I sling my bag onto my bike and swing onto the seat. My feet pump the pedals and I rattle down the fielded hill, feeling every pothole. I reach the quiet road and skim down the pavement, feeling the cool spring wind blowing my face. I pass daisies bobbing their heads to the beat of the breeze, their faces almost golden in the setting sun. I stop and grab my camera from its bag.
A woman strolling by stops to ask me what I'm doing.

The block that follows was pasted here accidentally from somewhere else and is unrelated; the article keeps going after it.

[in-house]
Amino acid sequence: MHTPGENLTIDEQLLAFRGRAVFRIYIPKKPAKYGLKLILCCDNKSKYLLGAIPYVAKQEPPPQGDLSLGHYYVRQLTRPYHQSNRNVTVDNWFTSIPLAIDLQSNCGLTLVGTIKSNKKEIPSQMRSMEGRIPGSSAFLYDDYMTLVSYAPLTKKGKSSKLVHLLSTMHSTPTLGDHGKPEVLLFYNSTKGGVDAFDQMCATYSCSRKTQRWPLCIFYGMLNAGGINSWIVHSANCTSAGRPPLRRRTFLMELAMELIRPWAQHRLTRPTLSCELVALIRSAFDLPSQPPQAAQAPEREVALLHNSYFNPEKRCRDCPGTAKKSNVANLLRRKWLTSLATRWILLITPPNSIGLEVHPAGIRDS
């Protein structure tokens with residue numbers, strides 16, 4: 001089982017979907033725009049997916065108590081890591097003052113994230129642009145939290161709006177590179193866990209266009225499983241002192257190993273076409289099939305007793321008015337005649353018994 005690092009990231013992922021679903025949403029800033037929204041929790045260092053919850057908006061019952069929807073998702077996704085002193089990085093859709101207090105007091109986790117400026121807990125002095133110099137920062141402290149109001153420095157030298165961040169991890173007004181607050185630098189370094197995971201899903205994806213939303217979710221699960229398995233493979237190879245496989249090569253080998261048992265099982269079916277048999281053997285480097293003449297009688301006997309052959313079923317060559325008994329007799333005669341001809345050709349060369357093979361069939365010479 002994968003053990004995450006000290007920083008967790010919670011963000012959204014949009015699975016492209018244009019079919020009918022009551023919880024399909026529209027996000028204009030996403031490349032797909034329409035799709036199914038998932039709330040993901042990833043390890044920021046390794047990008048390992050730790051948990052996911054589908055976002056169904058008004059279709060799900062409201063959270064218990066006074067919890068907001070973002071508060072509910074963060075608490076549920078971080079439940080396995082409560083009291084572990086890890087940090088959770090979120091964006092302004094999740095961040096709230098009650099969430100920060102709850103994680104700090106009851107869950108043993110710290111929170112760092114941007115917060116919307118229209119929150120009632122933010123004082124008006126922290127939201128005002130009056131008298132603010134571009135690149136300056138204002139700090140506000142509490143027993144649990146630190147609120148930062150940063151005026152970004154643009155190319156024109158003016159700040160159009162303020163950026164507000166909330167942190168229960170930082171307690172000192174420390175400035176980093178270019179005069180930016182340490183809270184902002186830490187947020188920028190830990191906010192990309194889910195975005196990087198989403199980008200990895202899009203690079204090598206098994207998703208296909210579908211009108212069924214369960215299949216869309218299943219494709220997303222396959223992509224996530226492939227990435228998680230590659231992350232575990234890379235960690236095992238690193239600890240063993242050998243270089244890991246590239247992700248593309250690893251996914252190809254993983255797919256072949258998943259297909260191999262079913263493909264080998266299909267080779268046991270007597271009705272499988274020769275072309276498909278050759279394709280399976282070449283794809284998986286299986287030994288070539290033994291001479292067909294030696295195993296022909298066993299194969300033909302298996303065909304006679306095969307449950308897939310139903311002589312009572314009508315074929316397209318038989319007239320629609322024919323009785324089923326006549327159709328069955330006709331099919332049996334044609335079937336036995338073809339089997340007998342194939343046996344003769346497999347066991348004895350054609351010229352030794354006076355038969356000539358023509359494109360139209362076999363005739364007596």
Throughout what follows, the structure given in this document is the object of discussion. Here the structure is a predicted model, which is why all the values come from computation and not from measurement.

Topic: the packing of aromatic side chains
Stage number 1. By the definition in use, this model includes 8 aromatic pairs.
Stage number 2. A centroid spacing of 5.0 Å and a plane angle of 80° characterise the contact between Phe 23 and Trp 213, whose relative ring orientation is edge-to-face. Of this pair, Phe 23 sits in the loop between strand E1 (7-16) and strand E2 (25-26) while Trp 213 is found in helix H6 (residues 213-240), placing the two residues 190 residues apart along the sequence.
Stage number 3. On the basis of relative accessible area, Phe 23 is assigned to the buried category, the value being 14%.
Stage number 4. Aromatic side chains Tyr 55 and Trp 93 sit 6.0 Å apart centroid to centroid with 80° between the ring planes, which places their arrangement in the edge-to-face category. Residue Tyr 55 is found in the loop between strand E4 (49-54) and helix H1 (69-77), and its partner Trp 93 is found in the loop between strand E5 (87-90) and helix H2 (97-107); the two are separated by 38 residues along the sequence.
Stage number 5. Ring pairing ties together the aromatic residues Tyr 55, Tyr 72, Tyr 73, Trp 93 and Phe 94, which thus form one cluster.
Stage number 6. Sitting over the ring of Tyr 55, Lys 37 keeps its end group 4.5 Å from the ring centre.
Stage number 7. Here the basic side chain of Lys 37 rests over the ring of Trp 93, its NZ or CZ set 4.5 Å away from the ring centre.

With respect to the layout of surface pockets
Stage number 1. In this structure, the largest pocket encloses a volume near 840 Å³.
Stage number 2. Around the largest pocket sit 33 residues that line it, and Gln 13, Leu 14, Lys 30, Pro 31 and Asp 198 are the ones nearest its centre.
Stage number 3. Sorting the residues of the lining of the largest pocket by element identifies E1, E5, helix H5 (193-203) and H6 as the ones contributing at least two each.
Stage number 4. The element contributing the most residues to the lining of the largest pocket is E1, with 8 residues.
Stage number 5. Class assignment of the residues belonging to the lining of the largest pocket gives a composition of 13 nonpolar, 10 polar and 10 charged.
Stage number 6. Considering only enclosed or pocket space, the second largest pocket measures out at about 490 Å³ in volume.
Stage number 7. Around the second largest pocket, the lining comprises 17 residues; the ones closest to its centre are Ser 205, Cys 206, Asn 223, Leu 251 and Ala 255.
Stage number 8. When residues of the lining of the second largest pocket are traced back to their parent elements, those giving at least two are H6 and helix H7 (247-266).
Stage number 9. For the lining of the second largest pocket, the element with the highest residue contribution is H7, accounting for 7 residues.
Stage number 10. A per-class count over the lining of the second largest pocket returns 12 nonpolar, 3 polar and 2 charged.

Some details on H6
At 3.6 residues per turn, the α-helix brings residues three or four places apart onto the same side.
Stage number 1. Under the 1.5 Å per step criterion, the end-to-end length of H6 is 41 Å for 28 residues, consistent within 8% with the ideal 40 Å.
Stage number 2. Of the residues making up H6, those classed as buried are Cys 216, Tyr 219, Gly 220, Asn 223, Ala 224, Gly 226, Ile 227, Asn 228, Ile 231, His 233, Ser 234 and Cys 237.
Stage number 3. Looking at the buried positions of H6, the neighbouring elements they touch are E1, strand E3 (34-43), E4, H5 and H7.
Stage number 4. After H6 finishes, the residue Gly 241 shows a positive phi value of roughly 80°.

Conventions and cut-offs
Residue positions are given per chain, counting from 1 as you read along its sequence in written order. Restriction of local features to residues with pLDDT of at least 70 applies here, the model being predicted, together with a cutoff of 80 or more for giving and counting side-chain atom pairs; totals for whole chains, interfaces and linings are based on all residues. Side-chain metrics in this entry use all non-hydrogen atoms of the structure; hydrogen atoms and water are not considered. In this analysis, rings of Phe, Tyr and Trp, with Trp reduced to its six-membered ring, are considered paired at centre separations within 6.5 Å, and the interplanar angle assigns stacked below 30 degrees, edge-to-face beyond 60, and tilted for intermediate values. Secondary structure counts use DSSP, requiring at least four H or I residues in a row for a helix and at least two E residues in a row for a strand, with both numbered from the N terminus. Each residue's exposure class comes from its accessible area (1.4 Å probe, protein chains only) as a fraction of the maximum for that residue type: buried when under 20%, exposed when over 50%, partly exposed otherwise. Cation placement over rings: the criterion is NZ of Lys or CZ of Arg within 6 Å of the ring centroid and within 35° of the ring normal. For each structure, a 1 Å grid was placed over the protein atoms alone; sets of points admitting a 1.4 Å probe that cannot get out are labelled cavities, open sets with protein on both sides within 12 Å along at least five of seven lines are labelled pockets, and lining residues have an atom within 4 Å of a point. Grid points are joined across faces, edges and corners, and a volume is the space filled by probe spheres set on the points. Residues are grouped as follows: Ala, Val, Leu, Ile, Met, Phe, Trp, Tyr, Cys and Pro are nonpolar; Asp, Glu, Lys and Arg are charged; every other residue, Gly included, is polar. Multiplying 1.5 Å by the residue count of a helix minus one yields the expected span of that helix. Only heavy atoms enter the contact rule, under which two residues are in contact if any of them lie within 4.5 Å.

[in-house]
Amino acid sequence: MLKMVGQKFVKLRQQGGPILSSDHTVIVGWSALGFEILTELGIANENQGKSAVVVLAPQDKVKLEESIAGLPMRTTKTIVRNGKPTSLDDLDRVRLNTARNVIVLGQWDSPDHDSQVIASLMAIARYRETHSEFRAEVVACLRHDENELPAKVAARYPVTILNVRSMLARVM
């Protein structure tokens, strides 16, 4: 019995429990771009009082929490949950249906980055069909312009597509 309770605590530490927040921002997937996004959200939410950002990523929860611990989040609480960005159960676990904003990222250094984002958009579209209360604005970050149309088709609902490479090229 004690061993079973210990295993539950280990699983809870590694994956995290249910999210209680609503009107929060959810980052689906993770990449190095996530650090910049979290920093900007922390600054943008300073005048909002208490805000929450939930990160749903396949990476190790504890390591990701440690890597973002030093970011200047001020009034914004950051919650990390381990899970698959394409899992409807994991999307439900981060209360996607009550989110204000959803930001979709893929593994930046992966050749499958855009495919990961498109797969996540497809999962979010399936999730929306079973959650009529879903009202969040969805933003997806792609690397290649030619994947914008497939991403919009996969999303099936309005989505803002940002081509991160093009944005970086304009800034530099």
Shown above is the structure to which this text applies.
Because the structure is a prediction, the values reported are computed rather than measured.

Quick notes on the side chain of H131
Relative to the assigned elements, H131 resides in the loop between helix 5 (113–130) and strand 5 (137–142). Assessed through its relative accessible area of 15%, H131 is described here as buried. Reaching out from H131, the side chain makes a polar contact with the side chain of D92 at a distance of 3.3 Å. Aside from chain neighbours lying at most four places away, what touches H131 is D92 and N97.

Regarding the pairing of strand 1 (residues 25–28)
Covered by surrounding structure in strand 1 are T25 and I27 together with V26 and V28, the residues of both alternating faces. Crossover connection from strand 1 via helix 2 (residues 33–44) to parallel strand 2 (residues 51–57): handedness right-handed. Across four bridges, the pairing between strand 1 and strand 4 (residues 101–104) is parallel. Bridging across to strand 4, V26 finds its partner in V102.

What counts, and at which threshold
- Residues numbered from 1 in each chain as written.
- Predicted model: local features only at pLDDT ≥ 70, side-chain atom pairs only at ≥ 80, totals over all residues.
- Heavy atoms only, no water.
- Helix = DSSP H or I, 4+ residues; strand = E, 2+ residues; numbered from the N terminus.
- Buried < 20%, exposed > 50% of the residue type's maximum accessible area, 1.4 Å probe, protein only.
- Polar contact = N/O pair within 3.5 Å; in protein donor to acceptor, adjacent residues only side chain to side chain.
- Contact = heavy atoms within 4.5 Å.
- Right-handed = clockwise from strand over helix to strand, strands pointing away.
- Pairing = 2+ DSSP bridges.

"Taking pictures of daisies," I say. It sounds simple, and silly. But she smiles and gazes at the flowers before us in a rather wistful way.
"I used to make daisy chains with my sisters," she says. And I smile, too.
I pedal down the road with a chain in my hair and petals on my wheels. I pass an old house with an old bike and an old cat in its front yard. The mailbox is surrounded by a tangle of greens, and I wonder what sort of letters it has held in the years gone by.
I glimpse a man in the window, and I hurry by, embarrassed for stopping to stare. But I like to admire, and old houses are more beautiful than new ones. Their windows have souls.